Sunday, November 28, 2010

it's beginning to look a lot like...waldorf!







































this past saturday we took a trip to the pasadena waldorf school's annual elves faire. this is seriously the coolest holiday fair ever. the campus is tucked away in a beautiful stand of woods and since it was a bit rainy and foggy it actually felt like we were somewhere in the pacific northwest. 

there were loads of fun crafts for children of all ages to make (from pine cone bird feeders to acorn garlands) and two stages of live music. elodie loved the bluegrass band!  i found lots of sweet little holiday gifts for sale - from soaps and lip balms to the famous waldorf dolls - which were all handcrafted by parents and students. i think my favorite part was going to the magic tea room where you put on capes and have tea and cupcakes and then your silhouette made. there were wizards walking around giving away crystals, students dressed up handing out tiny fortunes and lots of delicious organic food. what a fun day!

side note: i have become really interested in attending the waldorf parent and me program ever since i read the book, you are your child's first teacher by rahima baldwin. it's a great read and has good suggestions for activities for each age group. i am so happy that their are two good waldorf schools in my area and it is definitely on my short list for pre-school programs!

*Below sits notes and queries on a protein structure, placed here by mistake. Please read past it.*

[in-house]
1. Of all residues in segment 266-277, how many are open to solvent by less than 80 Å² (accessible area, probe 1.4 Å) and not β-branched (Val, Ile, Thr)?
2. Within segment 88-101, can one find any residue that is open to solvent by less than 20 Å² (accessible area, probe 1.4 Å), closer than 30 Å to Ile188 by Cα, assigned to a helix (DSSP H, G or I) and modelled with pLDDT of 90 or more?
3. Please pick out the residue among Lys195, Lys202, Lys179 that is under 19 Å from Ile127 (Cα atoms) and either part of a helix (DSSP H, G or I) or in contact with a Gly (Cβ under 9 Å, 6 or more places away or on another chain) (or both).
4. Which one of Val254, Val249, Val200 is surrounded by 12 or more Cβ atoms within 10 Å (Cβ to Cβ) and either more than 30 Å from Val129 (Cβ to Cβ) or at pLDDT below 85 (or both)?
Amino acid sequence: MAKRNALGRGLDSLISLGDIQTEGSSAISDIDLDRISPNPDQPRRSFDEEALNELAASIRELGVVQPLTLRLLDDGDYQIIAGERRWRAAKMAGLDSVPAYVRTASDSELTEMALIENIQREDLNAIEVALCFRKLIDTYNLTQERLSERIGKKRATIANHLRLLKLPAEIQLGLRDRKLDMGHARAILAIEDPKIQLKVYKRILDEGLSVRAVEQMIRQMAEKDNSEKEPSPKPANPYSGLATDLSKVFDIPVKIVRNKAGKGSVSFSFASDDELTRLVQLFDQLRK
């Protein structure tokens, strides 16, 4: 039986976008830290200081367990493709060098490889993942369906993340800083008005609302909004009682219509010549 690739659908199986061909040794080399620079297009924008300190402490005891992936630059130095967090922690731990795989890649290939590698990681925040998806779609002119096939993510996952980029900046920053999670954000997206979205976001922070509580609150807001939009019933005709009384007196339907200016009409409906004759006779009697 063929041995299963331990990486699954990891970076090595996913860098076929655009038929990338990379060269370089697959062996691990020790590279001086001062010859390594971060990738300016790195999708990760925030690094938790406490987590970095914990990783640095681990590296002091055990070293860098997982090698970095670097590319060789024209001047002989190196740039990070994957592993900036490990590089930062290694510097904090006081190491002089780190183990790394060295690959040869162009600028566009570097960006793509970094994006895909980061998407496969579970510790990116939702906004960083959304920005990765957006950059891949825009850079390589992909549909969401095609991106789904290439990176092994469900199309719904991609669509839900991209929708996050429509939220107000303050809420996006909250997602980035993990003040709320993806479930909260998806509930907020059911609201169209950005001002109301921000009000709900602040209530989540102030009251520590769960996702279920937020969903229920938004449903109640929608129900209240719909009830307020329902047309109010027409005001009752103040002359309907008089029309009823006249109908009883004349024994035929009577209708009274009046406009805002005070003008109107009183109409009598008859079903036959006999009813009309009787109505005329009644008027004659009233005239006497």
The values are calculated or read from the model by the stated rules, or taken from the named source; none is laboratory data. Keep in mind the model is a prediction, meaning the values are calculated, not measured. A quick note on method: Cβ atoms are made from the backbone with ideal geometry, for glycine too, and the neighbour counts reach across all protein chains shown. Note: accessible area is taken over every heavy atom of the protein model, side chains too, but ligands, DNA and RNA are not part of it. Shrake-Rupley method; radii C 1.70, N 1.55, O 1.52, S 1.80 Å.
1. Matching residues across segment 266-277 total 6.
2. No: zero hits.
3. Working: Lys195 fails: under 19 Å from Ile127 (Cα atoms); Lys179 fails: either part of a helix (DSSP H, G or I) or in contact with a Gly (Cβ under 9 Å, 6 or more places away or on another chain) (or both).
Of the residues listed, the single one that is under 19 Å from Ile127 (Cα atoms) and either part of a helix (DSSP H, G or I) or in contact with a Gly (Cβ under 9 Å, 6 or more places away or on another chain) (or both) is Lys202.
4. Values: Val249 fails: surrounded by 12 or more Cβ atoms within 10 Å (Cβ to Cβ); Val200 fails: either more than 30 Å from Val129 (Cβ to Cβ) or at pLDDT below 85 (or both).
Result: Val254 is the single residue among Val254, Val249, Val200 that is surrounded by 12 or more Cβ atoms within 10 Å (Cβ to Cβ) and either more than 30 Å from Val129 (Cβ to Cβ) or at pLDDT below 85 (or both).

3 comments:

  1. my 2 older kids (5 and 3 y.o.) go to a waldorf school here in san diego and i love it! i first learned about it from that same book. can't wait to start the baby in the mommy and me class!

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  2. i love the little acorns. what a great free idea!

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  3. I was just looking through your archives and stumbled upon this post. I'll be attending a Waldorf high school here in New Mexico for my upcoming junior year and hopefully senior year, and I am very excited about it. Even throughout my admissions process (when most schools seem to put up a fake facade for the tour and then become cold and distant during the interview), Waldorf remained genuine, warm, and loving. They accepted me to the school at the beginning of the interview and assured me that I would have no trouble fitting in. The teachers really understood what was important in a school: learning. During a class I sat in on, an English teacher was discussing the Odyssey with her class. She talked about the fact that we all have a moment when we know that we are grown up, and how she can still remember when that moment was for her, and how Telemachus has that moment too. I was very affected by this portion of the class, even though I was sitting there silently. Later, during my interview, the teacher shared that she was so glad that I could be a part of that moment. "The whole class went to a place during that discussion, and I was thinking, 'Abigail is going there with us.'" That really struck me as extraordinary--that realization that being present can be as important as participating. I'm sorry for the long post! I just felt the need to share that with you. :)

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